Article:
Blum's speedup theorem

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Short description: Rules out assigning to arbitrary functions their computational complexity

In computational complexity theory, Blum's speedup theorem, first stated by Manuel Blum in 1967, is a fundamental theorem about the complexity of computable functions.

Each computable function has an infinite number of different program representations in a given programming language. In the theory of algorithms one often strives to find a program with the smallest complexity for a given computable function and a given complexity measure (such a program could be called optimal). Blum's speedup theorem shows that for any complexity measure, there exists a computable function, such that there is no optimal program computing it, because every program has a program of lower complexity. This also rules out the idea there is a way to assign to arbitrary functions their computational complexity, meaning the assignment to any f of the complexity of an optimal program for f. This does of course not exclude the possibility of finding the complexity of an optimal program for certain specific functions.

Speedup theorem

Given a Blum complexity measure [math]\displaystyle{ (\varphi, \Phi) }[/math] and a total computable function [math]\displaystyle{ f }[/math] with two parameters, then there exists a total computable predicate [math]\displaystyle{ g }[/math] (a boolean valued computable function) so that for every program [math]\displaystyle{ i }[/math] for [math]\displaystyle{ g }[/math], there exists a program [math]\displaystyle{ j }[/math] for [math]\displaystyle{ g }[/math] so that for almost all [math]\displaystyle{ x }[/math]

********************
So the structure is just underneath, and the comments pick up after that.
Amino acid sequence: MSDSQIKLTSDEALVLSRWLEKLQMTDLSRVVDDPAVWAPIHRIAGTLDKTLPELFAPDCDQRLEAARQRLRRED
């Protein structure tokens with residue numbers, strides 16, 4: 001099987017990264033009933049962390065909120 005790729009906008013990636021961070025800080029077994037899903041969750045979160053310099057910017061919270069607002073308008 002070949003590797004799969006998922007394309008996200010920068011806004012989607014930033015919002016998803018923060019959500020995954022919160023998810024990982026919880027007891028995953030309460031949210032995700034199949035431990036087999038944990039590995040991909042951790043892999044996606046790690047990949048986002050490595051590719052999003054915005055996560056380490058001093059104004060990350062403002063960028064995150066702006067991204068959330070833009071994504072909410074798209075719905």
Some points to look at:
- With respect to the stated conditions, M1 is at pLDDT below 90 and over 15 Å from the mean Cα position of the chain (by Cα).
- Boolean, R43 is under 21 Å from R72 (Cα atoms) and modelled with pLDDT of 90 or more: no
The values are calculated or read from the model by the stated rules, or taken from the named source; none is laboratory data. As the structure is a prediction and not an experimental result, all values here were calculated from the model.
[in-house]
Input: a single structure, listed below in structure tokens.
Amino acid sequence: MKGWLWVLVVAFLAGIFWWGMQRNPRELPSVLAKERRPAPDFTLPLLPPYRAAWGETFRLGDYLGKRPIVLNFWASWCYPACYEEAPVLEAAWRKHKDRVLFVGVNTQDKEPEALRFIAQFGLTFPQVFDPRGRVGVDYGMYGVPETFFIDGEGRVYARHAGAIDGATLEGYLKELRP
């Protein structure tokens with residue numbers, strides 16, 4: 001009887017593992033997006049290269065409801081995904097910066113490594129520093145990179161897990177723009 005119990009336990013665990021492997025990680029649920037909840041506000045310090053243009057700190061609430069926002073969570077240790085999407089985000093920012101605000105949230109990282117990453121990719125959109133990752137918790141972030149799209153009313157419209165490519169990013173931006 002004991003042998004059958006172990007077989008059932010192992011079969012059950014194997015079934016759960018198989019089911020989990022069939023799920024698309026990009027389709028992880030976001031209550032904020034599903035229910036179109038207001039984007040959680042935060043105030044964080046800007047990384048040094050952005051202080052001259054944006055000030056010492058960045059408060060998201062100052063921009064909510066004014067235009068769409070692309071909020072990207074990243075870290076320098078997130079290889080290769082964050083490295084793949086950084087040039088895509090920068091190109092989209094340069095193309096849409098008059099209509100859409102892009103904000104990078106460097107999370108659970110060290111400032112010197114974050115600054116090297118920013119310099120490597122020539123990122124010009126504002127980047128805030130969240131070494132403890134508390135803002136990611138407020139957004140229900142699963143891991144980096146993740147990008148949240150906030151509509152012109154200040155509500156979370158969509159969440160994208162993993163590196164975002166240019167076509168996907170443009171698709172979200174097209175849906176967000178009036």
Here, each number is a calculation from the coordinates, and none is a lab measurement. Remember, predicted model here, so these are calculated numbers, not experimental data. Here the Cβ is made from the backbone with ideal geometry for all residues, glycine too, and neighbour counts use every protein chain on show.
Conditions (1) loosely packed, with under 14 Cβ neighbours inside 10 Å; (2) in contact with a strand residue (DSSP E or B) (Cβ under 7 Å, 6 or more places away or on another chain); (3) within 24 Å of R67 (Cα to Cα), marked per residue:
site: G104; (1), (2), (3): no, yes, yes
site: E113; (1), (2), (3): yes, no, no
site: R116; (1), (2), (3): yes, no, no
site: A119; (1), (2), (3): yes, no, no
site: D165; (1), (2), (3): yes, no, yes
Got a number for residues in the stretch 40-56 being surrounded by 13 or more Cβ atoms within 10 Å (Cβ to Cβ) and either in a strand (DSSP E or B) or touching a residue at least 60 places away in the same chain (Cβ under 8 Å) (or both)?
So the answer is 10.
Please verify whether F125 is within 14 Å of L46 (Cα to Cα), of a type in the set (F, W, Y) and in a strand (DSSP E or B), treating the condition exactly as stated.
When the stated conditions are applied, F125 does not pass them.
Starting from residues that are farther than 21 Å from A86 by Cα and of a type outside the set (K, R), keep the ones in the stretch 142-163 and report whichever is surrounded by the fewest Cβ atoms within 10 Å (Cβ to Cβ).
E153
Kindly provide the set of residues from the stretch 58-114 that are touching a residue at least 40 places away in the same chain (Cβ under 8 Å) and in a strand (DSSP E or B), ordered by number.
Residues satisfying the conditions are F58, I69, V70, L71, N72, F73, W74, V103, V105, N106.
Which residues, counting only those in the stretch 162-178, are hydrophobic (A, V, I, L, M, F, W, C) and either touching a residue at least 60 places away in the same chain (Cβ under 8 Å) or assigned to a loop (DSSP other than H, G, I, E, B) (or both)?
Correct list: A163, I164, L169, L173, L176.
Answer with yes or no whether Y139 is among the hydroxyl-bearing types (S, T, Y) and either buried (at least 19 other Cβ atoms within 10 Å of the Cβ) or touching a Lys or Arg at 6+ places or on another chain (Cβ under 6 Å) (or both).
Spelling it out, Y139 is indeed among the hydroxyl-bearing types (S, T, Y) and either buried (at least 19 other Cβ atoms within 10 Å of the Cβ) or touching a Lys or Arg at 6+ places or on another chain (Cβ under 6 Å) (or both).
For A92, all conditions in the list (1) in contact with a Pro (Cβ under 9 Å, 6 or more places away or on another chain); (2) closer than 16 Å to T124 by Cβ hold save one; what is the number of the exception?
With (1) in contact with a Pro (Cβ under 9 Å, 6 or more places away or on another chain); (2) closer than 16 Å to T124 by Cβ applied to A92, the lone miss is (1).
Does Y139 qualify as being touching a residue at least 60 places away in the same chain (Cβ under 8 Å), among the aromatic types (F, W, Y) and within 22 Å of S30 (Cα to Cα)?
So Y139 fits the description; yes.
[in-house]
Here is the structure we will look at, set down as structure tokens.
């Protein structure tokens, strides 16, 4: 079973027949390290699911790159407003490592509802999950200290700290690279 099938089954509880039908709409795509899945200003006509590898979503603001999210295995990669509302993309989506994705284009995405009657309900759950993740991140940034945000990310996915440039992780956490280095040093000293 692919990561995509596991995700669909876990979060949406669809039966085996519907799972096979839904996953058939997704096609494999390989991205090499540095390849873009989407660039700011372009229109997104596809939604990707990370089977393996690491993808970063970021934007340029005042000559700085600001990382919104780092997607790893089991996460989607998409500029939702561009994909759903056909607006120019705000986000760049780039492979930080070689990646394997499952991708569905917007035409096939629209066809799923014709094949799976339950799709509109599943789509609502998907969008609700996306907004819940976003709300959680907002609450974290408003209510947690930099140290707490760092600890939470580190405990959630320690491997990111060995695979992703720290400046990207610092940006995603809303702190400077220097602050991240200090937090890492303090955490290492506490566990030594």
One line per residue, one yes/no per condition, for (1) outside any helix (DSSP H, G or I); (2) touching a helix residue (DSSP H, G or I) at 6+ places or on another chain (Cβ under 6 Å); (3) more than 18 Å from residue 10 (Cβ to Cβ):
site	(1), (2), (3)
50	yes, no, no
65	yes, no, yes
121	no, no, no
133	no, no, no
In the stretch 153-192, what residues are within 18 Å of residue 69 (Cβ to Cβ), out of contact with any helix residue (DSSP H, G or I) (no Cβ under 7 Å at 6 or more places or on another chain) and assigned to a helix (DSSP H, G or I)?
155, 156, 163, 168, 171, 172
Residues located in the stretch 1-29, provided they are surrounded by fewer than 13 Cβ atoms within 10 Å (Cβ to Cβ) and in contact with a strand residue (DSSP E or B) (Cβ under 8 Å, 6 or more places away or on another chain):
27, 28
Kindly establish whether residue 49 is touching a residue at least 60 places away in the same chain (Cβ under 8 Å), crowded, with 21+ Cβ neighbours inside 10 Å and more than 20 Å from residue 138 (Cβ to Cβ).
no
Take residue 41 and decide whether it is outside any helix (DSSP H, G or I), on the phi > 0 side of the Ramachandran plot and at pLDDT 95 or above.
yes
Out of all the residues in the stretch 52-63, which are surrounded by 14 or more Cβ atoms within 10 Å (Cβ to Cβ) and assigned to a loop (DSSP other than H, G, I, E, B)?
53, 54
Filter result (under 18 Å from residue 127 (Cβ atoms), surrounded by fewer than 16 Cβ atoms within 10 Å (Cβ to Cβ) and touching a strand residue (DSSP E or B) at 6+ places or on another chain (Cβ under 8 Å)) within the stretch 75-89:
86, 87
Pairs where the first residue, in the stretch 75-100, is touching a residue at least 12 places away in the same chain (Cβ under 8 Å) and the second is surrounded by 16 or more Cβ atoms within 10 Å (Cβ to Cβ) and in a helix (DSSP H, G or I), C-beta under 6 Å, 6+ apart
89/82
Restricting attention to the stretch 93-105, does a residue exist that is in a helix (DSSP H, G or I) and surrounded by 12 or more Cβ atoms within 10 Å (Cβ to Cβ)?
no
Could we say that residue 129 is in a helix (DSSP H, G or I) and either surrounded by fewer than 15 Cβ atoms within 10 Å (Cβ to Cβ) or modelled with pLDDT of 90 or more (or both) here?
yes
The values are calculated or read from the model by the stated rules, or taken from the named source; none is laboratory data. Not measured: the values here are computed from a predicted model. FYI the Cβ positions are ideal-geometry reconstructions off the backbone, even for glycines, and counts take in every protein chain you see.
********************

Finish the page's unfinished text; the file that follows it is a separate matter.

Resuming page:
[math]\displaystyle{ f(x, \Phi_j(x)) \leq \Phi_i(x) \, }[/math]

[math]\displaystyle{ f }[/math] is called the speedup function. The fact that it may be as fast-growing as desired (as long as it is computable) means that the phenomenon of always having a program of smaller complexity remains even if by "smaller" we mean "significantly smaller" (for instance, quadratically smaller, exponentially smaller).

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